Resistance touch technology, which generally relies on the use of a stylus or similar instrument, typically detects touch by measuring changes in electrical resistance. But it can only detect one touch at a time. Touch screen using capacitance technology can detect multiple inputs, but can’t detect pressure. Now researchers at New York University (NYU) are looking to get the best of both worlds with a new type of touch-sensitive pad that responds precisely to pressure and can detect multiple inputs at once.

In an attempt to make a pressure-sensitive touch pad to replace the humble computer mouse researchers Ilya Rosenberg and Ken Perlin printed thin sheets of plastic with a pattern of electrically conductive metal lines. A special program is used to design the pattern, which is tailored for the device’s intended usage. The sheet is then covered with an even coat of semi-conductive, pressure sensitive ink.

Two of these prepared sheets are then placed against each together with the pressure sensitive ink facing inwards and the sheets oriented so that the conductive metal lines from a grid. The sheets are then stuck together with that most high-tech of materials – double-sided tape.

Once the two sheets are combined, every sixth metal line terminates at one edge of the plastic sheets in a short, flexible tail that is connected to a rigid circuit board by a clamp. Although the rest of the wires are not connected to the electronics, they do affect the electrical resistance of the active lines, thereby helping the software identify the location of a touch.

A microchip contained on the circuit board is programmed to scan the sensor pad and supply power to each active wire in quick succession. The pad then detects pressure by measuring the strength of the electric current at different locations. If an object touches at the inter¬section of two conductive lines, the electronics register a strong current there; but the farther away from the intersection it touches, the weaker the current, owing to the resistivity of the ink.

The microchip then converts the pressure data from a continuous analog signal into a digital format and compresses the data to send to a computer via a USB connection or, for musical applications, a MIDI port. The software on the computer then calculates the position of points of contact with the pad and the level of pressure each point exerts. And because so few of the wires need to be powered, larger versions of the pad can achieve similar sensitivity without much increase in complexity or cost.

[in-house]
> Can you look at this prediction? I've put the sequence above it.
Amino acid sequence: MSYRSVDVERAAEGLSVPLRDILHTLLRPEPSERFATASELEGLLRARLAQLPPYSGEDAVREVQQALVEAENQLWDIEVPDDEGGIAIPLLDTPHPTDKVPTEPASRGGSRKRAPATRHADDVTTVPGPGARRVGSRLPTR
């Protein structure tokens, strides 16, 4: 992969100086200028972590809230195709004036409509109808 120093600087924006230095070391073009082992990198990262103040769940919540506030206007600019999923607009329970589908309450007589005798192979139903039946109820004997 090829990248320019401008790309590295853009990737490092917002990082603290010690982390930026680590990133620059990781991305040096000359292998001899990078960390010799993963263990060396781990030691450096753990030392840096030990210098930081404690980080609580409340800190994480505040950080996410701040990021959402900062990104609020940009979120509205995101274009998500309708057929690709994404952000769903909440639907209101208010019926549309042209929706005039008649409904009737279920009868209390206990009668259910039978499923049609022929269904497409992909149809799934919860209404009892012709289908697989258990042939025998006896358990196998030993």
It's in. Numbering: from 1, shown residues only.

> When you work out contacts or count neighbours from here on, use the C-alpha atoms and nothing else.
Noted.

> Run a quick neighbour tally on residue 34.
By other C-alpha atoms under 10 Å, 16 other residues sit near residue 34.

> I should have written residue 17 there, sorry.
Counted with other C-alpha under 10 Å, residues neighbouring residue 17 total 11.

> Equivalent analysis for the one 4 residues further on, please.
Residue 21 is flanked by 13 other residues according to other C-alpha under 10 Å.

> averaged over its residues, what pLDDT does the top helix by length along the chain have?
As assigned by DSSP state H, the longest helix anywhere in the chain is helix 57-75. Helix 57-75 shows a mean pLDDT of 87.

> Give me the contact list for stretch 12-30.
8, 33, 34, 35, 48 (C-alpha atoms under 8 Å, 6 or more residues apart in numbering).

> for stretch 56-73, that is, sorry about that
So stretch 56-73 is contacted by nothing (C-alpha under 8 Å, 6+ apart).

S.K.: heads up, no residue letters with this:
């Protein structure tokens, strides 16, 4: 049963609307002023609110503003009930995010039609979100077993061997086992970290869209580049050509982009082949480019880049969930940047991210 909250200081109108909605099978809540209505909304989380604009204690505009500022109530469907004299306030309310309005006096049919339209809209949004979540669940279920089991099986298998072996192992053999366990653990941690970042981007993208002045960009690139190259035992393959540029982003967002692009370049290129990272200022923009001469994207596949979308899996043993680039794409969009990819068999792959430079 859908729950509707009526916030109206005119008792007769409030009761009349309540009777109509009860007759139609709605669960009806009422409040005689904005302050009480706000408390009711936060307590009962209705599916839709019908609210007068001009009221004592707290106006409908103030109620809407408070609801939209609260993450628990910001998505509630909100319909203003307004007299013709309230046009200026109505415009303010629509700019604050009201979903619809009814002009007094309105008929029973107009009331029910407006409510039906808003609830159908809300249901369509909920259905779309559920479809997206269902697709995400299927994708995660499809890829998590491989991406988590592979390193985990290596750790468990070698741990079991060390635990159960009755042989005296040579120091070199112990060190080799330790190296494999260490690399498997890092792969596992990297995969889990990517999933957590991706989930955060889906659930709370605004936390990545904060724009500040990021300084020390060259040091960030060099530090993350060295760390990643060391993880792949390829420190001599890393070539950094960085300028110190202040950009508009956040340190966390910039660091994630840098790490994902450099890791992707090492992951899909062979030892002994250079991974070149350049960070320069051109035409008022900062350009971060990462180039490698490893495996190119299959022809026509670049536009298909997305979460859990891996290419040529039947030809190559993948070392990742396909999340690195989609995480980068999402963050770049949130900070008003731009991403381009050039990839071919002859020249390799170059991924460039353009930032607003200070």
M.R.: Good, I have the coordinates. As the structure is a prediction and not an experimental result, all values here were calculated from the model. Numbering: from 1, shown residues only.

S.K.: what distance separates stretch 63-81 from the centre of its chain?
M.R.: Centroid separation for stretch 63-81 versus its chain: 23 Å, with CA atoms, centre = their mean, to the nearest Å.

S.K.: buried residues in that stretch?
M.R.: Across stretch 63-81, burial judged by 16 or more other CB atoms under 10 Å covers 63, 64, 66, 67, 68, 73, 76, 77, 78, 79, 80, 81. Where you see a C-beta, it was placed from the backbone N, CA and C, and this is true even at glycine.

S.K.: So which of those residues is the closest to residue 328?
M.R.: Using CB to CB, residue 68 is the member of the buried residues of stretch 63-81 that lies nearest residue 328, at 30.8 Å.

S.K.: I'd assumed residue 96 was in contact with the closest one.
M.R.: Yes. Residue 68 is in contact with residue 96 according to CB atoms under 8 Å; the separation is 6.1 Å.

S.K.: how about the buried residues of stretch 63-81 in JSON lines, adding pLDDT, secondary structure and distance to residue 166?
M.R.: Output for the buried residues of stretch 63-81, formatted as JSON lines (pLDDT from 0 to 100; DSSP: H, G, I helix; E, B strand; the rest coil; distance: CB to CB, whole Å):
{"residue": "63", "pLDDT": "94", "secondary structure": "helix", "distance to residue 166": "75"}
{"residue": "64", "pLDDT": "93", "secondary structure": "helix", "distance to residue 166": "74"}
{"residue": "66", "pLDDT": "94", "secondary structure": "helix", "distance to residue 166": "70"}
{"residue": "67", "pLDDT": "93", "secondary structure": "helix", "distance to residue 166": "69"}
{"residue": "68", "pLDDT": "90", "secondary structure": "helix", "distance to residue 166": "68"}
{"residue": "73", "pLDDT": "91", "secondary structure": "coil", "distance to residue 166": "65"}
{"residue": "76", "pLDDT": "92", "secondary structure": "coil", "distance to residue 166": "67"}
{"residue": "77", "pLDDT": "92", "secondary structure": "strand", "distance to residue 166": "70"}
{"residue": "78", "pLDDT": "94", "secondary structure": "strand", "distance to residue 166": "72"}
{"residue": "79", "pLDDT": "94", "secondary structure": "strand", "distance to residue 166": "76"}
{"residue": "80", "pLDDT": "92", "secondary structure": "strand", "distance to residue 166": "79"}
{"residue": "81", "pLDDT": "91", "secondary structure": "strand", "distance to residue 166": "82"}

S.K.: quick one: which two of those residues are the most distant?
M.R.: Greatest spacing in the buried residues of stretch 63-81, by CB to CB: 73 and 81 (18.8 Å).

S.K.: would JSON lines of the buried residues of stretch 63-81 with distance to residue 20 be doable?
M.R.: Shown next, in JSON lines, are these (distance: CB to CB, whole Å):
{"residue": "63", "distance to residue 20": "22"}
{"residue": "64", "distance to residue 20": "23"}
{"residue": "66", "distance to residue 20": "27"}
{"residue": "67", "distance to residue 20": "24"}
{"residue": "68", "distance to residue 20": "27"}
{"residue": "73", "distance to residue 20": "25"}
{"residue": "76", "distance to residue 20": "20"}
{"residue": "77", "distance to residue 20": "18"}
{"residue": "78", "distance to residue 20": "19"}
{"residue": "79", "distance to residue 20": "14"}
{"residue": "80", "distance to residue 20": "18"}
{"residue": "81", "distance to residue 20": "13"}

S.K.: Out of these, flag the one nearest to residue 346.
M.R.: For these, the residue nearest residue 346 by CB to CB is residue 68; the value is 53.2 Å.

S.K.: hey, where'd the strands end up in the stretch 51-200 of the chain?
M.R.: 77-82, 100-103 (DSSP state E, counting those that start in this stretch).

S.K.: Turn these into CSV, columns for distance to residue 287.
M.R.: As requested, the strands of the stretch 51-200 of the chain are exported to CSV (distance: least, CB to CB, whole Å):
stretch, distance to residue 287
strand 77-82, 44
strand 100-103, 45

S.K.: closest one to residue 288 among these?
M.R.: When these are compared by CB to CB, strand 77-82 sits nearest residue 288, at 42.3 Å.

Prototypes developed by Rosenberg and Perlin already boast resolution high enough to accurately sense finger and stylus input for tablet PCs. They can also record forces from five grams to five kilograms with a 2.5 percent margin of error, making them able to detect anything from a light tap from a stylus to a strike on a digital drum.

Since the pressure sensitive ink used in the prototypes makes the pads an opaque black, they currently aren’t much good for touch screen interfaces for mobile phones or similar mobile devices. However Rosenberg believes that by using a different type of pressure-sensitive ink and making the lines thinner they will be able to build a transparent sensor that could be used in such devices.

But Perlin says the technology still has many potential applications in its current form. These include monitoring a person’s gait and alerting nurses when a patient in a hospital bed has been still for too long. Perlin also suggests the pad could be integrated into the back of a handheld gaming device so users could enjoy multi-touch control within the game, without obstructing the screen.

Engineers at Touchco, a startup launched in April by Rosenberg and Perlin to license the technology, are also working on the first electronic hand drum, which they say wouldn’t be possible without a sensor capable of such fine resolution.

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